As any employer knows, the struggle to find good talent isn’t new. However ‒ thanks to rapid digitisation brought on by the Covid-19 pandemic, extended border closures and a growing skills shortage ‒ it seems that familiar battle has entered a critical new era. Finding employees with the skills to meet the dawning moment is, well, daunting.
Unless you know where to look.
“It feels like we’ve found this amazing channel of people and I don’t want to tell anyone else because it’s great for us,” laughs Deirdre McIntosh, Senior Director, Workforce Planning and Execution at consulting company Avanade.
That channel? It’s the work of Generation Australia, the local arm of global non-profit organisation Generation, which currently operates in 16 countries. Launched here in 2019, Generation Australia’s mission is to help build careers for people who are unemployed, underemployed or need to upskill or cross-skill through education-to-employment programs.
One thousand learners in three years
In its three years, Generation Australia has trained people for roles in the care and tech sectors and last year began partnering with Microsoft to offer 12-plus week Azure cloud computing courses in Sydney, Melbourne, Adelaide and Canberra; data analytics and cyber security courses will follow later this year. At their conclusion learners are offered paid internships in businesses and from there often full-time employment.
“We’re driving towards having 80 per cent of learners placed in employment within the first 90 days. That’s our North Star metric,” says Dylan Turnbull, head of partnerships and business development at Generation Australia.
To date, approximately 1000 learners have undertaken a Generation Australia program; many will go on to ease the demand for tech workers – the Tech Council of Australia estimates that to reach a goal of 1.2 million Australians working in tech jobs by 2030, the country needs to fill 653,000 new positions.
“The Covid-19 pandemic has deeply affected the community and Australian economy,” says Paula Matthews, Chief Learning Officer at Microsoft, which supports the work of Generation right around the globe with essential in-kind resources.
“It’s exciting to see the partnership between Microsoft and Generation Australia, and the amazing work by Generation Australia to support new pathways into the industry,” adds Tech Council of Australia CEO, Kate Pounder. “Innovative approaches, such as this, will be critical in achieving this goal and supporting more Australians to take up the tech jobs opportunity while increasing diversity within the tech workforce.”
Diversity fuels innovation
Avanade is just one company that understands the struggle to hire. “It’s been super tough”, says McIntosh. “We can’t find people in the market and what Generation is doing is creating an alternative supply pool.”
But it’s not just any supply pool. McIntosh points to the gender diversity of Generation’s talents. “It’s been absolutely awesome,” she says. “If we weren’t using a partner like Generation, we would get maybe 30 per cent female applicants and 70 per cent male. Now we have a more diverse set of candidates.”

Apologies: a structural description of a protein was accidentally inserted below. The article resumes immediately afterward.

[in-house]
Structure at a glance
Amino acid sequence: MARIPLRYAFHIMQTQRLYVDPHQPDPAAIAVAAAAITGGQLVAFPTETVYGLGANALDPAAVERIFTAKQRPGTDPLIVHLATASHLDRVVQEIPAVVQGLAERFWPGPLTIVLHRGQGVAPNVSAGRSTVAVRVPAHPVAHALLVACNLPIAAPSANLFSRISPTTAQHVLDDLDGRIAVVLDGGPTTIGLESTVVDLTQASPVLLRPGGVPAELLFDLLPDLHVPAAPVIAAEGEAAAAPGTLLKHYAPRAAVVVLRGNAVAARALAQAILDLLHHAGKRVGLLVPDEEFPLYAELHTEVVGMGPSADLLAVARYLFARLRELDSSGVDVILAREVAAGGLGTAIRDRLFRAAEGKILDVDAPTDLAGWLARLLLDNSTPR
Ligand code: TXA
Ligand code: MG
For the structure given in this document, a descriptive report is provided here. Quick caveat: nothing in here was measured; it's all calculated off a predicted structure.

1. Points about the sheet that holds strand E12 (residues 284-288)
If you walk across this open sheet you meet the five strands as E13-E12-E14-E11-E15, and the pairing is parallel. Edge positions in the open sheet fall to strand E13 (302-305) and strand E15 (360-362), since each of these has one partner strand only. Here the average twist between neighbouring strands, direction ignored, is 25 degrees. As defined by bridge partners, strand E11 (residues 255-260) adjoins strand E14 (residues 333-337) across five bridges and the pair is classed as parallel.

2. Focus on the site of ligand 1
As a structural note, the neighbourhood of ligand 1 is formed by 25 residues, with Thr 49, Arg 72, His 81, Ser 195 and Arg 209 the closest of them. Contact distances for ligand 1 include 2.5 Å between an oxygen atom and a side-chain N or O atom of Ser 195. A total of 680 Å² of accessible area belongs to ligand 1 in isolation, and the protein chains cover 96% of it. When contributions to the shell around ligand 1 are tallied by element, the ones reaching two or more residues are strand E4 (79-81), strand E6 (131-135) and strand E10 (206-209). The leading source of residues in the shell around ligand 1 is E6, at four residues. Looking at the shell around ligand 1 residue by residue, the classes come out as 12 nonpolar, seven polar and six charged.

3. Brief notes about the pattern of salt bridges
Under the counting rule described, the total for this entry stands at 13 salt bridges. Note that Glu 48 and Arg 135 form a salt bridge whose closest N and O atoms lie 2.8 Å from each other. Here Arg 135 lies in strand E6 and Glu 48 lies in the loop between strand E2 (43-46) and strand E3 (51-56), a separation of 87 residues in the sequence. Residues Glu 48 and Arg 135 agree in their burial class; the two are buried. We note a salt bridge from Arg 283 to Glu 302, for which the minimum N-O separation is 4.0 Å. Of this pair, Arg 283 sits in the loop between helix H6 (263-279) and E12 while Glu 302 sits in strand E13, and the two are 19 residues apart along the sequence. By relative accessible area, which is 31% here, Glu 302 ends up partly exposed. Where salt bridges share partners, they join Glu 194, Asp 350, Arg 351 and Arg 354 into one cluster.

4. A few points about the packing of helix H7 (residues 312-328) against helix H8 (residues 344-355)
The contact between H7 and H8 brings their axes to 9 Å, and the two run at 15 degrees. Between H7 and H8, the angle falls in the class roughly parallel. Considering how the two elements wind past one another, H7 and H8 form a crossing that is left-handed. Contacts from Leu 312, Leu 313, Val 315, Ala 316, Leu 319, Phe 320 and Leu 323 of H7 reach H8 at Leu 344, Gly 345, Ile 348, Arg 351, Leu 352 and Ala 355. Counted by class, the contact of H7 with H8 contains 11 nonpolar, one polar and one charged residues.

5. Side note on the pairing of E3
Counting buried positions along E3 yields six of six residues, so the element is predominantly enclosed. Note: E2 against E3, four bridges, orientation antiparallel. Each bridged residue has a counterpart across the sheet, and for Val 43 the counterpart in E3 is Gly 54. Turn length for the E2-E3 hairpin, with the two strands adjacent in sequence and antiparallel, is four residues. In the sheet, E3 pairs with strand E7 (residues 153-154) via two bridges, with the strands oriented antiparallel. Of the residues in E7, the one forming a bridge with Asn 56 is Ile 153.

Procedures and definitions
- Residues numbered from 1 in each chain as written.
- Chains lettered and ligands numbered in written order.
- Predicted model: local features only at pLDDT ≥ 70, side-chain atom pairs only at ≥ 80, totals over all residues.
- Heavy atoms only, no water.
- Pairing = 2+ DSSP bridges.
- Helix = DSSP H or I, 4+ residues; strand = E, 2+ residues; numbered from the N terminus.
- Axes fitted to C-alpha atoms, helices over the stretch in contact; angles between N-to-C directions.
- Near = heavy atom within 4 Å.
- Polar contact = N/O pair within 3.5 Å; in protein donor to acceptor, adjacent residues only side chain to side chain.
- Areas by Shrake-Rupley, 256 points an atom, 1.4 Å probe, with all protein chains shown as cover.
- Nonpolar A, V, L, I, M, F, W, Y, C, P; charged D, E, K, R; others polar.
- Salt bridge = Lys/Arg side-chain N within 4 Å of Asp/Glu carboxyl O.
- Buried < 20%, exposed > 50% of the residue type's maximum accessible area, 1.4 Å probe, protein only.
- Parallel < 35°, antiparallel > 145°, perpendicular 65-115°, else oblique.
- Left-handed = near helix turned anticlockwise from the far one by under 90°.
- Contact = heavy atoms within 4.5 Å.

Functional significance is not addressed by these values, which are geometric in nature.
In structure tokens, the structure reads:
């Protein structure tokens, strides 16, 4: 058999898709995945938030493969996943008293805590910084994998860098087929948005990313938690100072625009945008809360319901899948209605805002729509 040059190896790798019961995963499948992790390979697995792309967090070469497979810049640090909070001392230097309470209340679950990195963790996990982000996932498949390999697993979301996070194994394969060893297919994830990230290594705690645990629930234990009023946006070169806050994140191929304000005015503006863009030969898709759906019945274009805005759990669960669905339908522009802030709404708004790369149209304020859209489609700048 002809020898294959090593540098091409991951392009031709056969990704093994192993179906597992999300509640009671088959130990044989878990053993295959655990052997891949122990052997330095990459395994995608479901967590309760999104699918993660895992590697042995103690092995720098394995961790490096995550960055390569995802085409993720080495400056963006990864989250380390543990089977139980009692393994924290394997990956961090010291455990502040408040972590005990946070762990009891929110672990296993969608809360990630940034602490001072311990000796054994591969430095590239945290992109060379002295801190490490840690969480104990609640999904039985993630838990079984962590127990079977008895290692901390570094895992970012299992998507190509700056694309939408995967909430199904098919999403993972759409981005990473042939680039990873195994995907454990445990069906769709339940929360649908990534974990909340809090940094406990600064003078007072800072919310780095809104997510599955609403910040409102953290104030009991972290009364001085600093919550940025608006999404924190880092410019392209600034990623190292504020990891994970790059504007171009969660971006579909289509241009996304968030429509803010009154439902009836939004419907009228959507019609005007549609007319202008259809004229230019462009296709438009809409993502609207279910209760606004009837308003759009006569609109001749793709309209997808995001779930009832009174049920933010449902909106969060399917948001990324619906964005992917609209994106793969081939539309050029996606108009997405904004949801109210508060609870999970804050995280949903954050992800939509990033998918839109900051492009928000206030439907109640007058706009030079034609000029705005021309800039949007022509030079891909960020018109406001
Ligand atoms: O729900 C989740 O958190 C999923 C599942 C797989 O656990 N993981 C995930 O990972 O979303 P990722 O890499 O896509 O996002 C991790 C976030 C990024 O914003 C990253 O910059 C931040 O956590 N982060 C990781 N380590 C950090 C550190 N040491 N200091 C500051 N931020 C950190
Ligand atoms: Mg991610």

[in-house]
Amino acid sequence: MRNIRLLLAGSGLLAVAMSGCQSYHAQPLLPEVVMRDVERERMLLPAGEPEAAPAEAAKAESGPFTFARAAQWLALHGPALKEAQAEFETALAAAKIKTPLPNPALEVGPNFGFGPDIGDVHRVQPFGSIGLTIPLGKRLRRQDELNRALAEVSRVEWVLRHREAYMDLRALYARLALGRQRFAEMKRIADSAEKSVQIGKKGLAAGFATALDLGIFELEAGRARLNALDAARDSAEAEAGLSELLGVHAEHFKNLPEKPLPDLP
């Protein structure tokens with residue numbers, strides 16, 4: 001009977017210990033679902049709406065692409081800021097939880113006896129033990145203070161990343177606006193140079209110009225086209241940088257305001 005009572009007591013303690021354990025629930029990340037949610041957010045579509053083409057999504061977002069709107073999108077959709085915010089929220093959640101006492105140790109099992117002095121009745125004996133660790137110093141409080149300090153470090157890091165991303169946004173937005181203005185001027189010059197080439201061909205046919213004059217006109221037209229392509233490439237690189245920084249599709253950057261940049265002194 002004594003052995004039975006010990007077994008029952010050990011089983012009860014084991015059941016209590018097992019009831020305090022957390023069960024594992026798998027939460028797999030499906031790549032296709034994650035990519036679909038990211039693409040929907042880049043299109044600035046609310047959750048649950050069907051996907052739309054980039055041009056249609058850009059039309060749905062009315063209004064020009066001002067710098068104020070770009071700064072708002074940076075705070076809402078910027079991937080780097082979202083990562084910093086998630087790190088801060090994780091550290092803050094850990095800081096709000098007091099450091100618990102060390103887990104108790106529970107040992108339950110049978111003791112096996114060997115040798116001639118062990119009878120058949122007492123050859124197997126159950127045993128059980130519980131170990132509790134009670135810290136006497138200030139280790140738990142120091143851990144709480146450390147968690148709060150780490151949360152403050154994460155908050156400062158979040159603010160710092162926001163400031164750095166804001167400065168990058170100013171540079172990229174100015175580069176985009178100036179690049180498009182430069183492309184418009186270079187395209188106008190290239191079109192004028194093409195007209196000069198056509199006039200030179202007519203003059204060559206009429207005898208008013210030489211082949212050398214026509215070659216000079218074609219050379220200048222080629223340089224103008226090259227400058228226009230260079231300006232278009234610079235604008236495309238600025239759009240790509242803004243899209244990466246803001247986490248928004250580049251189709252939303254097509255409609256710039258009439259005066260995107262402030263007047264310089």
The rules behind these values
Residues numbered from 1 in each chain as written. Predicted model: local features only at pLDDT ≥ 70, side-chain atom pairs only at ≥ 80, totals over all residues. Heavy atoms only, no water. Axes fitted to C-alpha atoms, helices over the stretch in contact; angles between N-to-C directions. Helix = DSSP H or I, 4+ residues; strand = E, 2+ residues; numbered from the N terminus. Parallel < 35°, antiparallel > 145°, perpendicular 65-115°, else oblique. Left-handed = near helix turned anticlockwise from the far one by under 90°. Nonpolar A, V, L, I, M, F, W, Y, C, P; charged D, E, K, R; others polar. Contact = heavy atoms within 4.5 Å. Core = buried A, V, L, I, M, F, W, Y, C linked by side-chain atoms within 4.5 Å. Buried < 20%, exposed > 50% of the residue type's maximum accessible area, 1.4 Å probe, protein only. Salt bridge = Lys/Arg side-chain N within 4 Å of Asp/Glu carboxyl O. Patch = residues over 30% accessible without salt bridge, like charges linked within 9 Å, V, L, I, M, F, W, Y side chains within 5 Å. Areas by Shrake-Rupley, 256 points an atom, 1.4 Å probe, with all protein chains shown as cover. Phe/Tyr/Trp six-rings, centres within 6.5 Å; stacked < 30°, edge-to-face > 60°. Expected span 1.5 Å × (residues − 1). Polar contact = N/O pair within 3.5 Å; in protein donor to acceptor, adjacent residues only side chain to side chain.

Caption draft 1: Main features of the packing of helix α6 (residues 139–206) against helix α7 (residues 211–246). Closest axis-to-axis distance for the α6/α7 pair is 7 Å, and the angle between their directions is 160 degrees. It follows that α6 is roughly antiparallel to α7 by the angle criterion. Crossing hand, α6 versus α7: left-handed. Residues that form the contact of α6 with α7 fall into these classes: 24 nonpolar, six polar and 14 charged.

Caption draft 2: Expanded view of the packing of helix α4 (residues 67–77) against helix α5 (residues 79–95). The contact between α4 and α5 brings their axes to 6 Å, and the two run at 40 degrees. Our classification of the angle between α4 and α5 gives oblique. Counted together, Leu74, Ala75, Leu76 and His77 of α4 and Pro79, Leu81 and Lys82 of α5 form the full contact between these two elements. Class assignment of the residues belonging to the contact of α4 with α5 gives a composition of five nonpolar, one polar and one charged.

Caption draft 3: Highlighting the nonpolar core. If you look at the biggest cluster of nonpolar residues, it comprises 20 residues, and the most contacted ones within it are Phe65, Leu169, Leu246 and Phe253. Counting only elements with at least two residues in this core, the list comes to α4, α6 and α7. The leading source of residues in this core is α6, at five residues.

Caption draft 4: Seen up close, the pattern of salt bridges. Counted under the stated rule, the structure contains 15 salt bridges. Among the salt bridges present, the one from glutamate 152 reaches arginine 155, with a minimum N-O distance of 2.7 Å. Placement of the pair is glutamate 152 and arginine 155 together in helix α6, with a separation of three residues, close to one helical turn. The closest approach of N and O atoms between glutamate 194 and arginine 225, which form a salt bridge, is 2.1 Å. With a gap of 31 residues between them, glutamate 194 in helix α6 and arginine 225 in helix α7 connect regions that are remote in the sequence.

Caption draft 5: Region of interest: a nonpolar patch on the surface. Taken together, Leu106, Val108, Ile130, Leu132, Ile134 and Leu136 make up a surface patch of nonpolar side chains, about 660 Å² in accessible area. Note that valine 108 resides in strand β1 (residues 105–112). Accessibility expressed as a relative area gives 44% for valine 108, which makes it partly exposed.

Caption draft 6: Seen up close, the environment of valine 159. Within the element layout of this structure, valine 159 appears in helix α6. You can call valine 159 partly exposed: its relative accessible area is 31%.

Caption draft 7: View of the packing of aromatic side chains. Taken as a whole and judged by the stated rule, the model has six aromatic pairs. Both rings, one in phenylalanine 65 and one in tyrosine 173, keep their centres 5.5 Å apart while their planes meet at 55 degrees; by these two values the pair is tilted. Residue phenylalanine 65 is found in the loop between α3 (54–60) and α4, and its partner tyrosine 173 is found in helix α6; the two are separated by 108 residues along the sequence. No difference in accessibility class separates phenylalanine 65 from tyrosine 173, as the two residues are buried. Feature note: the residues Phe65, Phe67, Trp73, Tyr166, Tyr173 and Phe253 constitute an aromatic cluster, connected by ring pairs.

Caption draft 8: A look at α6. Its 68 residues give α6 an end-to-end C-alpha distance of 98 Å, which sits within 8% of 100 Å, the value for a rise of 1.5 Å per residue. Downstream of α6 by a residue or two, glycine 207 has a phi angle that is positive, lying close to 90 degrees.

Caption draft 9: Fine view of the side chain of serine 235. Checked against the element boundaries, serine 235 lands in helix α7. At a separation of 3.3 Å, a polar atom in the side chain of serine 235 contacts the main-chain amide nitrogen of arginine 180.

According to Turnbull, Generation’s candidates are typically people who have been displaced by the pandemic, have worked in IT and were born overseas, are neurodivergent, career changers, or women who took career breaks. “We’ve also got funding to support First Nations learners into careers in tech,” he says, adding, “We’re producing graduates that have lived experience and resilience – they’ve moved to a new country, overcome unemployment, figured out how to navigate being a parent while doing our program. On some level they’ve overcome a barrier.”
For McIntosh, this is a valuable asset. “A lot of them have industry experience and life experience, and that helps them become great consultants,” she says.
But it’s more than that.
Transforming lives and businesses
It was during the 2021 Victorian lockdown that Meg Suda discovered Generation Australia. Raised in Japan, and with a CV that included a diploma in fashion design and time spent in the corporate sector, Suda had left paid employment to raise her three now-teenage children while also studying nutritional medicine. But while on the Victorian government’s website she read about Generation Australia’s cloud program and thought, “I have nothing to lose.”
Soon, Suda found herself in a cohort of 25 that, she says, “had incredible stories. They were from different countries – Africa, Turkey, India – and were different ages. We had Aussies who’d been out of work for a while. And because we had one goal, we clicked. We helped each other.”
It wasn’t always easy, says Suda. In fact, the Monday-to-Friday, nine-to-five course, “was very intense.” But as part of the program, Suda had access to a mentor and career coaching. Sessions with the mentor gave Suda the opportunity to discuss her frustrations.
“I could talk about anything, including the juggling, because I was at home with kids during the course,” she explains. And the career coach was key to Suda recognising skills she already had.
“The coach went through the things I’ve done and said, ‘These skills are transferable, these are problem-solving skills; you’re actually doing that in your daily life’,” says Suda.
Today, following a paid internship at professional services company Accenture, Suda is an Application Development Analyst there, strengthening her skills as she moves between projects. “They really invest in you. There’s diversity and inclusion; they develop you,” she says. “I feel like I’m in the right place.”
As Turnbull sees it, the work of Generation Australia can transform both lives and businesses. “The battle for talent is unsustainable; you can’t just keep headhunting. And universities can’t turn around tomorrow to increase technology graduates by 30 per cent. Organisations like Generation Australia can step into the breach. We can produce this quarterly talent.”